Monday, March 26, 2007

One at a Time


How many of us are congratulating ourselves for our abilities to do more than one thing at once? Kristin told me just the other day how she can read a book while she walks home from the Metro or wherever. I write Blog posts while I am attending meetings these days. Most of the world has a cell phone or an ear pod permanently affixed to their ear.
But yesterday’s article in the NY Times suggests that while we think we are beating the system, the evidence isn’t so convincing. The article offered several simple pieces of advice:
(1) Check e-mail messages only once an hour.
(2) Listening to soothing background music while studying is fine, but avoid songs with words.
(3) Driving while talking on a cell phone, even with a hands-free headset, is a bad idea.
These are suggestions for managing technology, not eliminating it, as it lures us to click and dial and tune in.
This all has to do with how our brains function. We simply are not able to concentrate on two things at once. One is always getting short shrift. Studies at Vanderbilt University showed much better results for both children and adults who were given tasks sequentially as opposed to at the same time. Surprisingly even though older people think more slowly, they seem better equipped to block out interruptions and choose what to focus on. The real problem comes in how long it takes people to get back on task after they are diverted.
We are still in our infancy in terms of learning how to manage and utilize all the various forms of technology at our fingertips. But we must be respectful of the brain’s ability to deal with this barrage of information if we are to manage digital communication efficiently.
I’m trying the once an hour e-mail check today as a first attempt at putting this into practice.

9 Comments:

Blogger Kate said...

I have been doing the once an hour or once an hour and half check on email for aeons. I decided one day that I was too attached to the "blip" that indicated "you have mail"!

It is truly freeing...........however I have one office mate (who sits across from me) who became very annoyed that I would not respond to her instantaneously and she finally confronted me about it. I told her: "I only check my email once an hour; if you have a question for me that needs an immediate response either "shout it out" or come over and ask or.........call me over and ask."

It is truly liberating!

:)

5:04 PM  
Blogger Mother of Invention said...

I can't multi-task at all! I end up going around in circles. Some teachers and mothers are but not me. I can get really hooked on e-mail!

The picture here is hilarious!

5:20 PM  
Blogger Kristin said...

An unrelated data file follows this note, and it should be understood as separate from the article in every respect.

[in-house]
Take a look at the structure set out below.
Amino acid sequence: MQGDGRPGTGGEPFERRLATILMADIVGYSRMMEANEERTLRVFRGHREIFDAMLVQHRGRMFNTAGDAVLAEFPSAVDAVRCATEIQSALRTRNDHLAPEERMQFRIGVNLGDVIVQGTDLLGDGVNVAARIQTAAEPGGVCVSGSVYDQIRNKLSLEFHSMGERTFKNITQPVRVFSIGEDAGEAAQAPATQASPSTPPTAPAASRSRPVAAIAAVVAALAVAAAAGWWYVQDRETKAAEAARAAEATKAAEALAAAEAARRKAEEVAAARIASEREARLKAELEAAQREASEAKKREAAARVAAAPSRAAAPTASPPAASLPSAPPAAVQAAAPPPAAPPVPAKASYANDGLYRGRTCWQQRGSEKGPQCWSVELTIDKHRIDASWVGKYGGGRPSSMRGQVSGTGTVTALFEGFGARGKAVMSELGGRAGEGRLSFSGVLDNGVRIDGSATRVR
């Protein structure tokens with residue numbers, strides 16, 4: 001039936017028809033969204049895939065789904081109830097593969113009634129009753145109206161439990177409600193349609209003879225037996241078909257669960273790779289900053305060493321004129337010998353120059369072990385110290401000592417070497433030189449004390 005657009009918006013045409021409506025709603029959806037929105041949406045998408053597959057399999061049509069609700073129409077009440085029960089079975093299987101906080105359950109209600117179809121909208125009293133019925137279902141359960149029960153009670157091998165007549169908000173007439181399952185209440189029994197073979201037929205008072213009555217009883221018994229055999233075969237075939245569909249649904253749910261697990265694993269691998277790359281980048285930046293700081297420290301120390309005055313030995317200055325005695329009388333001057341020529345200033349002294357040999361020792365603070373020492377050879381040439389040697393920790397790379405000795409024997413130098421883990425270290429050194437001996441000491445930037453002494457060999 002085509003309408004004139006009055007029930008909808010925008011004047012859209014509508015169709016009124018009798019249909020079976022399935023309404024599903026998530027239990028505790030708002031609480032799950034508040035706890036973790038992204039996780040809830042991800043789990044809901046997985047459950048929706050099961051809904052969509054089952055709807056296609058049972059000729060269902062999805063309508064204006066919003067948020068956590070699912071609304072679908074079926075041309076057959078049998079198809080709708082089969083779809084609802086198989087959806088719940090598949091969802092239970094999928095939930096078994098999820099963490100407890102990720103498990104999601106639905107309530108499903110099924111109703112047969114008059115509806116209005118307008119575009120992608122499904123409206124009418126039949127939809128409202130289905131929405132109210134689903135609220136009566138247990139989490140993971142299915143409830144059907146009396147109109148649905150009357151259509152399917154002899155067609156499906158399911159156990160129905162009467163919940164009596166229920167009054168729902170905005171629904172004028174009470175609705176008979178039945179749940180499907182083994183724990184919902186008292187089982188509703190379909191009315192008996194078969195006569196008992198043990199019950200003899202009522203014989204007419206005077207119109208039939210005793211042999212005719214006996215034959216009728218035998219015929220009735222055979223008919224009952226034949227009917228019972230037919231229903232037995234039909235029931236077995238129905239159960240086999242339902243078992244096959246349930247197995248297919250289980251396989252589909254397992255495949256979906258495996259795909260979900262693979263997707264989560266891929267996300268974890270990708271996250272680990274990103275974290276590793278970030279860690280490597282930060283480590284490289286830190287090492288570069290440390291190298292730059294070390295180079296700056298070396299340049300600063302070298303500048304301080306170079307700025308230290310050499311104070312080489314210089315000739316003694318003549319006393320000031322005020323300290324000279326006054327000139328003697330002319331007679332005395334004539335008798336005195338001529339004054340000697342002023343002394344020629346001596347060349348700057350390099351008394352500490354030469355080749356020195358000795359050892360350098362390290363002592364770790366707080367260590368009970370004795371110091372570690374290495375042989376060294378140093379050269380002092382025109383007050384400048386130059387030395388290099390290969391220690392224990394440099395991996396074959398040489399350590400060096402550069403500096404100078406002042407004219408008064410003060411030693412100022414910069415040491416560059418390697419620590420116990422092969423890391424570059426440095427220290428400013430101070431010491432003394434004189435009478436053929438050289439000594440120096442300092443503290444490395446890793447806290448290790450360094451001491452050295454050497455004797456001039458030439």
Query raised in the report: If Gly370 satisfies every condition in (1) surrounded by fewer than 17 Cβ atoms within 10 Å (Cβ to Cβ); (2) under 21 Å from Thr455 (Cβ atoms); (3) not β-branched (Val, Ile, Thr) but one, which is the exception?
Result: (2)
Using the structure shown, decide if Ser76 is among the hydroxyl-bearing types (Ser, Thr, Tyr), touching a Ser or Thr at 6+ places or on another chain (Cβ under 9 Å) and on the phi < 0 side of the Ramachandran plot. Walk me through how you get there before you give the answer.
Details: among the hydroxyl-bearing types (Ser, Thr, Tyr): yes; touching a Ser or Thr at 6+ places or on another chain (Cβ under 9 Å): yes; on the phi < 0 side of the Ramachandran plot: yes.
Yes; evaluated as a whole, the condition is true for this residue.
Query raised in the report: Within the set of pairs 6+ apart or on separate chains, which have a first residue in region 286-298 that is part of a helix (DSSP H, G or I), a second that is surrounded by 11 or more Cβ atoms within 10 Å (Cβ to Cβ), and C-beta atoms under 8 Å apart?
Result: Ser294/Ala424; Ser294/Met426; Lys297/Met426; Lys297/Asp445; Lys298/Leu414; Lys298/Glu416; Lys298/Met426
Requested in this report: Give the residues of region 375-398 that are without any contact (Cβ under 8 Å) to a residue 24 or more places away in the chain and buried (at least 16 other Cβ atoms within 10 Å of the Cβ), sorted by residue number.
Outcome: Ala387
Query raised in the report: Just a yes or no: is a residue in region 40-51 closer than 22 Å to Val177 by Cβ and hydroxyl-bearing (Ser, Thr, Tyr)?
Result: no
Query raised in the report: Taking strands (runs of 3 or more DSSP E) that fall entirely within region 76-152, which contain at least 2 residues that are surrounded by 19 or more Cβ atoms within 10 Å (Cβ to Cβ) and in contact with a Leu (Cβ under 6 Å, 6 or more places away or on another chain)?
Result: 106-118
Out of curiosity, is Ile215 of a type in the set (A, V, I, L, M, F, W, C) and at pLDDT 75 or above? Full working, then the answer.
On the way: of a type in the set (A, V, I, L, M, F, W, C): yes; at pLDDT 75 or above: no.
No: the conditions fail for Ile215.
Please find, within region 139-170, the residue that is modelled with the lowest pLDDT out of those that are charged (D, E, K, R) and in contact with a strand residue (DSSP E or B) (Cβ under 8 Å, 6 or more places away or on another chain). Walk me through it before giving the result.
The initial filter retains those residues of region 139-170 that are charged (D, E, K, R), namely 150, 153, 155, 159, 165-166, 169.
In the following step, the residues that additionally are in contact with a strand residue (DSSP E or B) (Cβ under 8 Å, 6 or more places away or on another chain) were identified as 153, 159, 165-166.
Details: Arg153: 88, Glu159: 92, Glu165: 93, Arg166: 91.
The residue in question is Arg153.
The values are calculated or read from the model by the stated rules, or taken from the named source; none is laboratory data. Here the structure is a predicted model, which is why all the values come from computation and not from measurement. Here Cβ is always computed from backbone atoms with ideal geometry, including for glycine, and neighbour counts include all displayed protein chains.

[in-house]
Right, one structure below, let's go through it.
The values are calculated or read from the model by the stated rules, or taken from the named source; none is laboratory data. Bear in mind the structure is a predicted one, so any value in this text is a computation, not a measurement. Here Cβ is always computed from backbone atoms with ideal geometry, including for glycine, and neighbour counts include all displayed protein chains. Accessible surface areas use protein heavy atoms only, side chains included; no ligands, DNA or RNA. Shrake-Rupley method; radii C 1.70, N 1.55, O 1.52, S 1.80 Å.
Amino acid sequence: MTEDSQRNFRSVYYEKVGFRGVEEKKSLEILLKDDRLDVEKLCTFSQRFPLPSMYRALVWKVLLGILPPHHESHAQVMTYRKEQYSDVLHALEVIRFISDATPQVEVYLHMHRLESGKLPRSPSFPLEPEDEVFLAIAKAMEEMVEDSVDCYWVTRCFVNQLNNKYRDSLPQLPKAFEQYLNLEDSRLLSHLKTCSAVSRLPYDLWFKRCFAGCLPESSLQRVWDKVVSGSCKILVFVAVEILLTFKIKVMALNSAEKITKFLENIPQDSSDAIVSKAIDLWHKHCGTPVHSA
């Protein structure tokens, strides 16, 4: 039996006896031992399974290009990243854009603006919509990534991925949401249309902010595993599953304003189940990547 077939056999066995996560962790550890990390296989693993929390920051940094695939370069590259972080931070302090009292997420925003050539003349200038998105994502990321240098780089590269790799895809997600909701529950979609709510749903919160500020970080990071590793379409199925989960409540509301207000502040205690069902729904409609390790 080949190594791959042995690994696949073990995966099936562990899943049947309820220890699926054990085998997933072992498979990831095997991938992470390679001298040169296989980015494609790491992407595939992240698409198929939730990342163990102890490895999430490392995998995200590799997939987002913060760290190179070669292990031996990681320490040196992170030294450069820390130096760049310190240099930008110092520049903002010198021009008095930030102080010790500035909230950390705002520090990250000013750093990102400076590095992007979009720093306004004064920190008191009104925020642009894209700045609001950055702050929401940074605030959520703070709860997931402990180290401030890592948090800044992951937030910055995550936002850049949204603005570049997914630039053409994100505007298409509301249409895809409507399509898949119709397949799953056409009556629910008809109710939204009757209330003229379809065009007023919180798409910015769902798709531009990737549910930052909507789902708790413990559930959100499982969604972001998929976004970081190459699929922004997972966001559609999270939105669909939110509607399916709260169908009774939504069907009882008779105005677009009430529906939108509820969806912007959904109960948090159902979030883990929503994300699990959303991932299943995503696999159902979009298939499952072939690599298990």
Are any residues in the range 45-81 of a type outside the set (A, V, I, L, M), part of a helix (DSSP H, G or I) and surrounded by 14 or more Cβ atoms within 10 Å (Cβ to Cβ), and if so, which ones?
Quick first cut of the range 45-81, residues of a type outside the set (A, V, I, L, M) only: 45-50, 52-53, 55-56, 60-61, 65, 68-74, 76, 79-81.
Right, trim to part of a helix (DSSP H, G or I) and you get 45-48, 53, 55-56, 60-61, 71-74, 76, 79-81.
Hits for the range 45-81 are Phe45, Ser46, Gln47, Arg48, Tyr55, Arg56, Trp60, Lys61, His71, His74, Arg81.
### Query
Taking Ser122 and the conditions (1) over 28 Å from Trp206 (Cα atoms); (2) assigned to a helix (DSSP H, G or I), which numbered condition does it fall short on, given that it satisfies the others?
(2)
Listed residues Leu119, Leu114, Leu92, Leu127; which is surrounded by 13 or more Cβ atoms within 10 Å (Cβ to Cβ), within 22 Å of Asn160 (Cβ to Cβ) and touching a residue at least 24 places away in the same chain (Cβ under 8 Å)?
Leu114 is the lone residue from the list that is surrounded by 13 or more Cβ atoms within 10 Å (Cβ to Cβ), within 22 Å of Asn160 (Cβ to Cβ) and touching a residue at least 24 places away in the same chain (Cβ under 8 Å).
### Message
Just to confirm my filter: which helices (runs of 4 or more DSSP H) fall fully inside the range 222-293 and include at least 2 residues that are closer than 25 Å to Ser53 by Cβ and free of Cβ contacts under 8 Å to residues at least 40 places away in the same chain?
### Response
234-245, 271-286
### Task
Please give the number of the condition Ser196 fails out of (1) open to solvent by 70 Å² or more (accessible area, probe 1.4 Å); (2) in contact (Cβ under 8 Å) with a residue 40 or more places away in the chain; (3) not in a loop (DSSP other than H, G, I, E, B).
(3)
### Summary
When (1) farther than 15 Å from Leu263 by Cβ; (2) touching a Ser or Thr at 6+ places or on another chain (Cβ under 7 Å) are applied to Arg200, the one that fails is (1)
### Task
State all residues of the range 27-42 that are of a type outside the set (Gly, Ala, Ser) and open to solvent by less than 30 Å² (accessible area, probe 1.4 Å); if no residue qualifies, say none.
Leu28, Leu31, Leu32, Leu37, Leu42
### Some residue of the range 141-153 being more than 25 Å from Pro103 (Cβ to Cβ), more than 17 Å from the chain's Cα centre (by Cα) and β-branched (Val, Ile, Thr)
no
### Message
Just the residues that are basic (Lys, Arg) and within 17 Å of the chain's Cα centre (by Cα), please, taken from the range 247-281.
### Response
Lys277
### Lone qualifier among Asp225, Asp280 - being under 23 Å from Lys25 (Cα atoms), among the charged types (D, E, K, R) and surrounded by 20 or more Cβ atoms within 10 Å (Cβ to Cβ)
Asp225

I do read and walk, but not to save time. I love books. I am a ridiculous multitasker. I have multiple computers at work because just one is not fast enough, but I love the days that I unplug completely. It's so... liberating.

8:34 PM  
Blogger Kate said...

Speaking of the picture.......which MOI did.......it reminds me of the origin of the saying "Don't throw the baby out with the bathwater." In the middle ages people apparently bathed infrequently and usually the whole family bathed the same night or day. The tub would be filled with heated water. First the father would bathe, then the mother, then each child by age and finally the baby.........ergo...

The pictured baby will end up with a dishpan tush methinks. :)

9:39 PM  
Blogger Barbara said...

Kate -- E-mail is a both a blessing and a curse. Unfortunately it has cut down on a lot of face-to-face contact that sometimes added a more personal element to communication. I agree about the poor shriveled up baby...

MOI -- You obviously didn't need the NY Times to figure this out. And, yes, I obviously liked the picture too!

Kristin -- I still can't imagine taking 5 steps while reading a book on Capitol Hill with its uneven sidewalks without falling on my face. More power to you! I do understand using more than one computer, although I can multitask with just one computer.

9:50 PM  
Blogger Pauline said...

I must be the plodder of the group - generally I like to do one thing at a time but make exceptions when I'm in a hurry. I find, though, that when I do multi-task, something always suffers, usually me!

And I check my email twice a DAY - must be because I don't work in an office...

7:24 AM  
Blogger Ulysses said...

I think you will find that the best way to do something depends on the test that is given. If you're going to be expected to perform in a quiet, sequential task, you should practice quietly and sequentially. If you are going to be asked to perform in a divided attention task in a distracting environment, you should practice under those conditions.
As to being attached to technology, the world shouldn't expect to be able to get in touch with me instantaneously on a whim, occasionally I have things I actually have to DO.

8:25 AM  
Blogger Barbara said...

Pauline -- You approach life so rationally. You are the exception to the rest of society that says "Bring it on all at once" to digital technology.

Ulysses -- The point of the NY Times article is that practice doesn't necessarily make perfect for people who are trying to multi-task -- that our brains were not really wired to think this way and may only be able to be trained to a degree. The advice was to accept that limitation and try to maximize productivity knowing it exists.

10:12 AM  
Blogger Old Lady said...

My multi-tasking abilities are degenerating, but what the hey! Oh scroll down to your May Party Blog, I left a commet, and on some others too!

I have been cyber-stalking trolls lately.

12:32 PM  

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